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Old 02-02-2013, 09:06 AM   #41
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Originally Posted by growing_older View Post
Just to be clear, this is not correct. "Social Security" as we usually discuss it is only the old age pension and death benefits. SSI, the disability income program, is not Social Security. It is Supplemental Security Income and is often confused with Social Security.

From the ssa.gov website:

Supplemental Security Income (SSI) is a Federal income supplement program funded by general tax revenues (not Social Security taxes)
While the bold is correct, your earlier comment is incorrect. Social Security includes disability insurance as well as retirement and survivor benefits. SSI is a supplementary program which provides benefits to people who may or may not qualify for Social Security.

Also from the ssa.gov website Social Security Disability Benefits

Social Security pays disability benefits to you and certain members of your family if you have worked long enough and have a medical condition that has prevented you from working or is expected to prevent you from working for at least 12 months or end in death.

You may see the acronym OASDI when referring to Social Security (sometimes it appears in the context of payroll taxes being deducted from your paycheck). OASDI means "Old-Age, Survivors, and Disability Insurance."

When someone runs the numbers comparing payroll taxes to some expected return on them had they been invested in a personal account, one should exclude the portion which pays out disability and survivor benefits because as with those forms of insurance, there is no expectation of getting money back - something unforeseen and tragic must occur (unlike simply turning 65 and retiring, for example) in order to collect those benefits.
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Old 02-02-2013, 09:20 AM   #42
Thinks s/he gets paid by the post
 
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Oops. The fact that SS administers SSI made me assume it was funded the same way.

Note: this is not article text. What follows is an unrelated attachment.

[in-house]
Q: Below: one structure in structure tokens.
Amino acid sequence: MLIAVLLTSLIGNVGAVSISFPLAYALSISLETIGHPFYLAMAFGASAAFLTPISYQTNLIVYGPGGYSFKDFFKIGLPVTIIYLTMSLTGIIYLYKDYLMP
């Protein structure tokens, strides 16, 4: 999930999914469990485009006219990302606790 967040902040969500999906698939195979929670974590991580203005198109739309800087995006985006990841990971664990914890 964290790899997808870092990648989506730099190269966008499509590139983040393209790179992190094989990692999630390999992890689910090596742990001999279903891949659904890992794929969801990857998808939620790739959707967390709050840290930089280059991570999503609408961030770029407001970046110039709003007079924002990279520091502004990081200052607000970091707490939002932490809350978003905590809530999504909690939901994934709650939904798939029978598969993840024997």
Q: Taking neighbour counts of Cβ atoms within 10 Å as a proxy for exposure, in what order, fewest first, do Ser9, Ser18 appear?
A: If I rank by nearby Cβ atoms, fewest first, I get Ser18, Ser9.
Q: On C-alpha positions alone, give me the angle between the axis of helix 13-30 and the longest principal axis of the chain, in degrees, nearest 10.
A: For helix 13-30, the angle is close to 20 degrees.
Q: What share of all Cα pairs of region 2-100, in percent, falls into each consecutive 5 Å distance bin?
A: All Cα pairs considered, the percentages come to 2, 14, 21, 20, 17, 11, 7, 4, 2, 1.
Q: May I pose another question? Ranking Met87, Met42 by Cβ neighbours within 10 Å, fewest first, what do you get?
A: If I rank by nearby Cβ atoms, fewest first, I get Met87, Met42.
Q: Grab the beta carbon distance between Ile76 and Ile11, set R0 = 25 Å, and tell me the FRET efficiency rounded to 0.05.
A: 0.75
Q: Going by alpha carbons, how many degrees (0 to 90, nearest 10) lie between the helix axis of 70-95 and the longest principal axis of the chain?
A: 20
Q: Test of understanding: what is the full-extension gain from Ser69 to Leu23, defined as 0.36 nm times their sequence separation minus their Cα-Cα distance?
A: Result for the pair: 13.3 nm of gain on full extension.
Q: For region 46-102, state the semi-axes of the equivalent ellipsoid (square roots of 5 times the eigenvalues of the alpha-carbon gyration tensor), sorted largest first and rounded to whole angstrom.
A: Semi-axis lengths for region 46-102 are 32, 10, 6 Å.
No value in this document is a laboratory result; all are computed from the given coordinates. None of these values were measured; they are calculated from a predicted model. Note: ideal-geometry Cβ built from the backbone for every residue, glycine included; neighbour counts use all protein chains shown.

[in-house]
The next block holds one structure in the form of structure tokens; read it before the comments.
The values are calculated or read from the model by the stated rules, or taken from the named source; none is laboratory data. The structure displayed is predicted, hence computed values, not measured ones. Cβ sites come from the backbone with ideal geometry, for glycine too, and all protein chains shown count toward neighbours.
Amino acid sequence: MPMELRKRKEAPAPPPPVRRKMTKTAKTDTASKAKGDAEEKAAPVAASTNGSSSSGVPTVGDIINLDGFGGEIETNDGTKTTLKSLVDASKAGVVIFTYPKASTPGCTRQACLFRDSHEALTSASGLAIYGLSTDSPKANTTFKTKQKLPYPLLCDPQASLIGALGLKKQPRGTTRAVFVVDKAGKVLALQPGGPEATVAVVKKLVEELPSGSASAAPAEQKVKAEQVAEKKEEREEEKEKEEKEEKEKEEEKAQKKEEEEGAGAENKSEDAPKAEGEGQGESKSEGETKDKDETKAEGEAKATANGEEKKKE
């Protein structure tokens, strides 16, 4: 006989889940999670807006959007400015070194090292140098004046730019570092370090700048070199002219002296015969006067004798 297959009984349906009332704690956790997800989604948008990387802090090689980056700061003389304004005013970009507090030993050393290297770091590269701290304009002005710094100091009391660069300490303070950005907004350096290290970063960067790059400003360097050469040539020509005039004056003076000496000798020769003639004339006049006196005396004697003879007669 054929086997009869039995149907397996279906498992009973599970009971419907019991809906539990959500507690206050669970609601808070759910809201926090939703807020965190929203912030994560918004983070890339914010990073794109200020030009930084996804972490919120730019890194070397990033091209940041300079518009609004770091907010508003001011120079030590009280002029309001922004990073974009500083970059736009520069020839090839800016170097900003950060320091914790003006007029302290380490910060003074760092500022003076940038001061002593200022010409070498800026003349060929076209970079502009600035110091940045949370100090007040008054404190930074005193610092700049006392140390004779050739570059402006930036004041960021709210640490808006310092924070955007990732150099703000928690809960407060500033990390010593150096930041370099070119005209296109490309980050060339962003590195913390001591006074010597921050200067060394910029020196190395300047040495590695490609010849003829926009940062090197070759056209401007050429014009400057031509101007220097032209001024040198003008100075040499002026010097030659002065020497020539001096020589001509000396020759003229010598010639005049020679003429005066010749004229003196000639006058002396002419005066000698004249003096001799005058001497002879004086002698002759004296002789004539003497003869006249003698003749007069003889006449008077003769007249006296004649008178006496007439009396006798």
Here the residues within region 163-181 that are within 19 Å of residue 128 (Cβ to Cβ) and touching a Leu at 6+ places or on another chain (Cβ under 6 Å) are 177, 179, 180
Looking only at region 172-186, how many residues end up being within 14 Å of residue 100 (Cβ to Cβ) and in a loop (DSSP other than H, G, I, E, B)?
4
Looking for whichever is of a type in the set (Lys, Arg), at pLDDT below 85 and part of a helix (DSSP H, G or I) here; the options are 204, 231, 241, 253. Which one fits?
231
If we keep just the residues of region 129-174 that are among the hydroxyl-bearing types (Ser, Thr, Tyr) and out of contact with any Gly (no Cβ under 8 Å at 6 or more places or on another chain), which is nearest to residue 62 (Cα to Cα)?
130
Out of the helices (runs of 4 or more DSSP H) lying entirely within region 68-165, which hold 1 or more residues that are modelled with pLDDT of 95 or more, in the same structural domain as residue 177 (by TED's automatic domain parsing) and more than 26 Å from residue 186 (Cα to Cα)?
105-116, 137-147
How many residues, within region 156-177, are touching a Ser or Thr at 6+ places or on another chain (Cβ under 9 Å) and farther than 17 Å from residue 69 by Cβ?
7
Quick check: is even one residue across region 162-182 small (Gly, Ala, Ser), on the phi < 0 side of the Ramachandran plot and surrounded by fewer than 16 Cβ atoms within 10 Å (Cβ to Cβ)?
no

Sorry for the confusion.

Quote:
Originally Posted by growing_older View Post
Just to be clear, this is not correct. "Social Security" as we usually discuss it is only the old age pension and death benefits. SSI, the disability income program, is not Social Security. It is Supplemental Security Income and is often confused with Social Security.

From the ssa.gov website:

Supplemental Security Income (SSI) is a Federal income supplement program funded by general tax revenues (not Social Security taxes)
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Old 02-02-2013, 09:32 AM   #43
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So Social Security pays regular disability that is dependent on having worked out of FICA, and pays SSI (which is not dependent on having worked) out of general funds?

I had no idea that SS had two separate disability programs.

An idea on how much SS pays out in regular disability? I've had trouble finding any details on it.

Quote:
Originally Posted by scrabbler1 View Post
While the bold is correct, your earlier comment is incorrect. Social Security includes disability insurance as well as retirement and survivor benefits. SSI is a supplementary program which provides benefits to people who may or may not qualify for Social Security.

Also from the ssa.gov website Social Security Disability Benefits

Social Security pays disability benefits to you and certain members of your family if you have worked long enough and have a medical condition that has prevented you from working or is expected to prevent you from working for at least 12 months or end in death.

You may see the acronym OASDI when referring to Social Security (sometimes it appears in the context of payroll taxes being deducted from your paycheck). OASDI means "Old-Age, Survivors, and Disability Insurance."

When someone runs the numbers comparing payroll taxes to some expected return on them had they been invested in a personal account, one should exclude the portion which pays out disability and survivor benefits because as with those forms of insurance, there is no expectation of getting money back - something unforeseen and tragic must occur (unlike simply turning 65 and retiring, for example) in order to collect those benefits.